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# At what angle must two forces $(x+y)\text{ and (}x-y)$ act so that the resultant force will be $\sqrt{{{x}^{2}}+{{y}^{2}}}$?

Last updated date: 13th Jun 2024
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Hint: It is given that the two forces act in an angle such that its magnitude is a known fixed value. To solve this, we need to use the equations that give the magnitude of two or more vector quantities and substitute all the forces and find the angle involved.

Complete step-by-step solution

We know that any vector quantities can be added or subtracted by using the angle involved between them and the magnitudes using triangle law of parallelogram law of vector addition. We can just find the magnitude and direction also by means of equations derived from these laws.
Let us consider ${{Z}_{1\text{ }}}\text{and }{{Z}_{2}}$as two vectors. They are acting at an angle $\theta$ with each other. For such a case, the resultant of the two vectors ‘Z’ is given by -
i.e., $Z=\sqrt{{{Z}_{1}}^{2}+{{Z}_{2}}^{2}+2{{Z}_{1}}{{Z}_{2}}\cos \theta }$
Thus, we can find the resultant of any two vectors with a given angle. Now, what happens when the resultant vector is given and we need to find the angle at which these vectors act so that they have a required resultant vector. It is very easy to find the angle from the cosine function, which follows.
Let us consider two forces as given in the question as –
${{F}_{1}}=(x+y)\text{ and }{{\text{F}}_{2}}\text{=(}x-y)$
The magnitude of the resultant of two forces can be given by –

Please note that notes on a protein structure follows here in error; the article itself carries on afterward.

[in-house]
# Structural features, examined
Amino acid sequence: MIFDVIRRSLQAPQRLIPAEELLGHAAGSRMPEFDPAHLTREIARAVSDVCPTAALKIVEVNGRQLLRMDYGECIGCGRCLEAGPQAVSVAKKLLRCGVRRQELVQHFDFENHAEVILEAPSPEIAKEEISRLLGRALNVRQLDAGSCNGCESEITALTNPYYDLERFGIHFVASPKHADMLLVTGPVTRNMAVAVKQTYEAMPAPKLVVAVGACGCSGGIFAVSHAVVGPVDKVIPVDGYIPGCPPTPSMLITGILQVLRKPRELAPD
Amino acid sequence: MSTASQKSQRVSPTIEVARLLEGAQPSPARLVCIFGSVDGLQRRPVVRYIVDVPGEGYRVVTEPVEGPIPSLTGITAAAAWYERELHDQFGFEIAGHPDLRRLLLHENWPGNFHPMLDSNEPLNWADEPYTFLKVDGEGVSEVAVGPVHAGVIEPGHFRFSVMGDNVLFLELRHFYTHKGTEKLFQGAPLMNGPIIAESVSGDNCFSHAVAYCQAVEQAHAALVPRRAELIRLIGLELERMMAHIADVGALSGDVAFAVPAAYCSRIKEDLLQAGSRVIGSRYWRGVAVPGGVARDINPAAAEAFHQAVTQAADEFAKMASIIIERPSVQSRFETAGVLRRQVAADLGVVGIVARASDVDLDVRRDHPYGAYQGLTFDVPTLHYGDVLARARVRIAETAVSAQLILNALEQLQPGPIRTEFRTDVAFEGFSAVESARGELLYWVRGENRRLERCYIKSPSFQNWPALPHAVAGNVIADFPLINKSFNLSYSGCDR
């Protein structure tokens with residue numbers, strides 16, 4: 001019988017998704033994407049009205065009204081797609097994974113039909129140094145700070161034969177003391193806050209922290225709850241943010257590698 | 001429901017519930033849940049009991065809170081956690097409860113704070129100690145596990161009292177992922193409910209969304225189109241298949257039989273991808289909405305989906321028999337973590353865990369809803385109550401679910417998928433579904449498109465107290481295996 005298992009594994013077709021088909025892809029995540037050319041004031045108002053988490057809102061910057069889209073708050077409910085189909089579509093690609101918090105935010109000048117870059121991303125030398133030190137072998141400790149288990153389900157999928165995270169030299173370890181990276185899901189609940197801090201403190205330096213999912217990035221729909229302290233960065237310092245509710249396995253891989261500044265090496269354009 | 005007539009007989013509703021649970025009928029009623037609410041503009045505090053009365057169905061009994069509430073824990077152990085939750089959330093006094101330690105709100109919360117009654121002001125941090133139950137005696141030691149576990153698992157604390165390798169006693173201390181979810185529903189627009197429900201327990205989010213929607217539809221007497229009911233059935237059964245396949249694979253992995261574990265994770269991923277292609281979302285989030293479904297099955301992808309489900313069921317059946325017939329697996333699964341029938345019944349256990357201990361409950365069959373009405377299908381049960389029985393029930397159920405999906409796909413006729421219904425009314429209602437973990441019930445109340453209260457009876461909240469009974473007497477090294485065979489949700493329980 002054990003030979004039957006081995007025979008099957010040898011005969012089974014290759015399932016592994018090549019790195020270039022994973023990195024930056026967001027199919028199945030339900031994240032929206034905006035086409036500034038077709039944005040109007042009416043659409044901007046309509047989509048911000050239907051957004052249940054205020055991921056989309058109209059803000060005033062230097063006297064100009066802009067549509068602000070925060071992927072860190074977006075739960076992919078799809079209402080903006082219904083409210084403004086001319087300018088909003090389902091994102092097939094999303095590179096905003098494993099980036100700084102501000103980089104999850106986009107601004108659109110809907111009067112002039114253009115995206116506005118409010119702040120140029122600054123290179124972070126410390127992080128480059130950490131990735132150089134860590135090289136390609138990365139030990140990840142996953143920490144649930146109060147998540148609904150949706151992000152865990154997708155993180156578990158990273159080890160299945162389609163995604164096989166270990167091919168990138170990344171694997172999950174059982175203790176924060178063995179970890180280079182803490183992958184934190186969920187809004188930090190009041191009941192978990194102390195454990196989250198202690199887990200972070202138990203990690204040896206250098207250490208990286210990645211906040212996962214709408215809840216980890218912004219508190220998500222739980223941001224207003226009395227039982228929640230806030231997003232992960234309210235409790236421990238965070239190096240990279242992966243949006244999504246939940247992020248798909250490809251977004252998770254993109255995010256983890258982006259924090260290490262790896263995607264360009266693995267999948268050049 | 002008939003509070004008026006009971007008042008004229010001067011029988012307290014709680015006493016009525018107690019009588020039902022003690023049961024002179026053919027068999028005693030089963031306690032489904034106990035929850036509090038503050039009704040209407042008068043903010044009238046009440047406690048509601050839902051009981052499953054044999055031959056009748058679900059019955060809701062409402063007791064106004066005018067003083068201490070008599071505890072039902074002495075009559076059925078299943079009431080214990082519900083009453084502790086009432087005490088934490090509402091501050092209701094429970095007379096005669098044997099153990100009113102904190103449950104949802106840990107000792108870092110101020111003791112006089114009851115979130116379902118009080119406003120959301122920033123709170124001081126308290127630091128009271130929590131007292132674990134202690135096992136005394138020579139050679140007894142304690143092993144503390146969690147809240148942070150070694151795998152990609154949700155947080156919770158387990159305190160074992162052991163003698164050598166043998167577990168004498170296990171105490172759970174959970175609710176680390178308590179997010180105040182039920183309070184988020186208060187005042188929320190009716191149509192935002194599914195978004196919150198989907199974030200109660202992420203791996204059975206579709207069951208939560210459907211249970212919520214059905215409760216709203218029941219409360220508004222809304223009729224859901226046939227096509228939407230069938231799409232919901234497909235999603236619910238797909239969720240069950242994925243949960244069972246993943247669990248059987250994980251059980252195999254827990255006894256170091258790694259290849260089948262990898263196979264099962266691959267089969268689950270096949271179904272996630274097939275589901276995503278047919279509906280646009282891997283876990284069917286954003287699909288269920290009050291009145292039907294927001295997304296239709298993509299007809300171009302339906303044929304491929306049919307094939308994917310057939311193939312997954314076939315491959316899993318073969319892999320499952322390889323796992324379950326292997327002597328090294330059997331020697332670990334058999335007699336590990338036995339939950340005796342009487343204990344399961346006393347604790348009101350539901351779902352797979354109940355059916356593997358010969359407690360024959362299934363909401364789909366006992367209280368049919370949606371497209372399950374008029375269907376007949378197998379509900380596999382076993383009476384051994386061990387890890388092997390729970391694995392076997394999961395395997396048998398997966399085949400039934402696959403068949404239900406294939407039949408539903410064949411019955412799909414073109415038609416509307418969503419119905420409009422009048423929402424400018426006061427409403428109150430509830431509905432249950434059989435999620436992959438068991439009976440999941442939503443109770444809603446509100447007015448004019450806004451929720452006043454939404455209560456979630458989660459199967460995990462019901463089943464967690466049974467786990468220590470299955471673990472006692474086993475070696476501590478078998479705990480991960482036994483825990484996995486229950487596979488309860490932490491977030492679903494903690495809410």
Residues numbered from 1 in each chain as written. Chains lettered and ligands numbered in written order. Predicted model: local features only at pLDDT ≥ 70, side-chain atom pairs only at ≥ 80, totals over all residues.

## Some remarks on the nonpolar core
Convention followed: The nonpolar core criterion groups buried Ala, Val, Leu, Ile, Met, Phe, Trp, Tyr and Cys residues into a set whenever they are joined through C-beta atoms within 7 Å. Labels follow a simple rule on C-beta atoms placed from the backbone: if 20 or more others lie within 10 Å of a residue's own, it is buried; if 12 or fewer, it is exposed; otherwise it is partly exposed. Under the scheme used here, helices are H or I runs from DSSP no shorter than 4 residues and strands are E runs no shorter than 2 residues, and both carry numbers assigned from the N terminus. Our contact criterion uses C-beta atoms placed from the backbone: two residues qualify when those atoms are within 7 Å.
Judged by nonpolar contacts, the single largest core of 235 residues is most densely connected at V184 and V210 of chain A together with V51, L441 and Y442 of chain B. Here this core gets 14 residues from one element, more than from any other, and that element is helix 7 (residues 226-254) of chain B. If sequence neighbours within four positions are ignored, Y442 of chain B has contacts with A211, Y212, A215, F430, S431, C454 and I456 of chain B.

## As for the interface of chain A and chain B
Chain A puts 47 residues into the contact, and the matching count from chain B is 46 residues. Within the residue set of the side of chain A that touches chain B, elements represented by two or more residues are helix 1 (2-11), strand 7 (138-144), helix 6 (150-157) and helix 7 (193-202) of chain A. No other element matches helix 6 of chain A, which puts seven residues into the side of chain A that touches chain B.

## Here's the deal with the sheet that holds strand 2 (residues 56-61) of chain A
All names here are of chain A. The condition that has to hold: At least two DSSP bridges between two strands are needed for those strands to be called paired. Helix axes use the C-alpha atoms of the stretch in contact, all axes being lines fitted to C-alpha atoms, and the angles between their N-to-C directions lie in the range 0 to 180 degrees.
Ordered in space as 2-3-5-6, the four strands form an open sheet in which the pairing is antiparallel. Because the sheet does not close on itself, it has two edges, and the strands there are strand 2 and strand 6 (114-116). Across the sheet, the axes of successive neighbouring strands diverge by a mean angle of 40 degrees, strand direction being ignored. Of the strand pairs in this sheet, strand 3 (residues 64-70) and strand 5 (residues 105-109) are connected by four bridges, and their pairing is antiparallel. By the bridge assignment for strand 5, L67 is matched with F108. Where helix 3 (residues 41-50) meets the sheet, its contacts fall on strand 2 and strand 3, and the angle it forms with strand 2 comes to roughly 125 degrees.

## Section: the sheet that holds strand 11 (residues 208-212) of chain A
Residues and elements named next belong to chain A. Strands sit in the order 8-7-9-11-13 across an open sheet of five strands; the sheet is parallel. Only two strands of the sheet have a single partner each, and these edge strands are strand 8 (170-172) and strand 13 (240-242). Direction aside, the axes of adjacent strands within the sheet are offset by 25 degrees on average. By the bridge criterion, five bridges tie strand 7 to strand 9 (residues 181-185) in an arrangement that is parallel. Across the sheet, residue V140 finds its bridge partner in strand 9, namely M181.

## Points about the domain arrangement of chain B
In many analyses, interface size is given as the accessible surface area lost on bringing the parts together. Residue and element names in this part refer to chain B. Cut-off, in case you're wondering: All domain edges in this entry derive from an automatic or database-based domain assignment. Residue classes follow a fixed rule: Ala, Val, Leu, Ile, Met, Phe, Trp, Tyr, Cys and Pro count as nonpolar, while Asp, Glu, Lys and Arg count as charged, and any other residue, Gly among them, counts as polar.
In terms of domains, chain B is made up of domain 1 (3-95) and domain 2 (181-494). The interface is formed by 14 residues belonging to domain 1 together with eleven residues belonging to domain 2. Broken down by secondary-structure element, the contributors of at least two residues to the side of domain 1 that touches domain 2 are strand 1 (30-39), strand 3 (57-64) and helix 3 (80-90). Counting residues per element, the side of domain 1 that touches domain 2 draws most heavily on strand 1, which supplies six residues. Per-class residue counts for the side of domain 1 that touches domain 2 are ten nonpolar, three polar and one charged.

$F=\sqrt{{{F}_{1}}^{2}+{{F}_{2}}^{2}+2{{F}_{1}}{{F}_{2}}\cos \theta }$
Here, we are given that
${{F}_{1}}=(x+y)\text{ and }{{\text{F}}_{2}}\text{=(}x-y)$,
\begin{align} & \Rightarrow \text{ }F=\sqrt{{{(x+y)}^{2}}+{{(x-y)}^{2}}+2(x+y)(x-y)\cos \theta } \\ & \Rightarrow \text{ }F=\sqrt{2{{x}^{2}}+2{{y}^{2}}+(2{{x}^{2}}-2xy+2xy-2{{y}^{2}})\cos \theta } \\ \end{align}
But it is already given that,
\begin{align} & F=\sqrt{{{x}^{2}}+{{y}^{2}}} \\ & \Rightarrow \text{ }\sqrt{{{x}^{2}}+{{y}^{2}}}=\sqrt{2{{x}^{2}}+2{{y}^{2}}+(2{{x}^{2}}-2xy+2xy-2{{y}^{2}})\cos \theta } \\ & \Rightarrow \text{ }{{\text{x}}^{2}}+{{y}^{2}}=2{{x}^{2}}+2{{y}^{2}}+(2{{x}^{2}}-2{{y}^{2}})\cos \theta \\ & \Rightarrow \text{ }{{x}^{2}}+{{y}^{2}}+(2{{x}^{2}}-2{{y}^{2}})\cos \theta =0 \\ & \Rightarrow \text{ }\cos \theta =\dfrac{-({{x}^{2}}+{{y}^{2}})}{2({{x}^{2}}-{{y}^{2}})} \\ & \Rightarrow \text{ }\theta ={{\cos }^{-1}}(\dfrac{-({{x}^{2}}+{{y}^{2}})}{2({{x}^{2}}-{{y}^{2}})}) \\ \end{align}
This is the required angle at which the force should act.
Additional Information: The magnitude of a resultant vector is dependent on the angle between two or more vectors.

Note: This is the simplest method of calculating the required angle for the resultant force. We can use diagram interpretation and vector summing using the unit vectors to find the answer which is tedious and may produce wrong solutions if not considered seriously.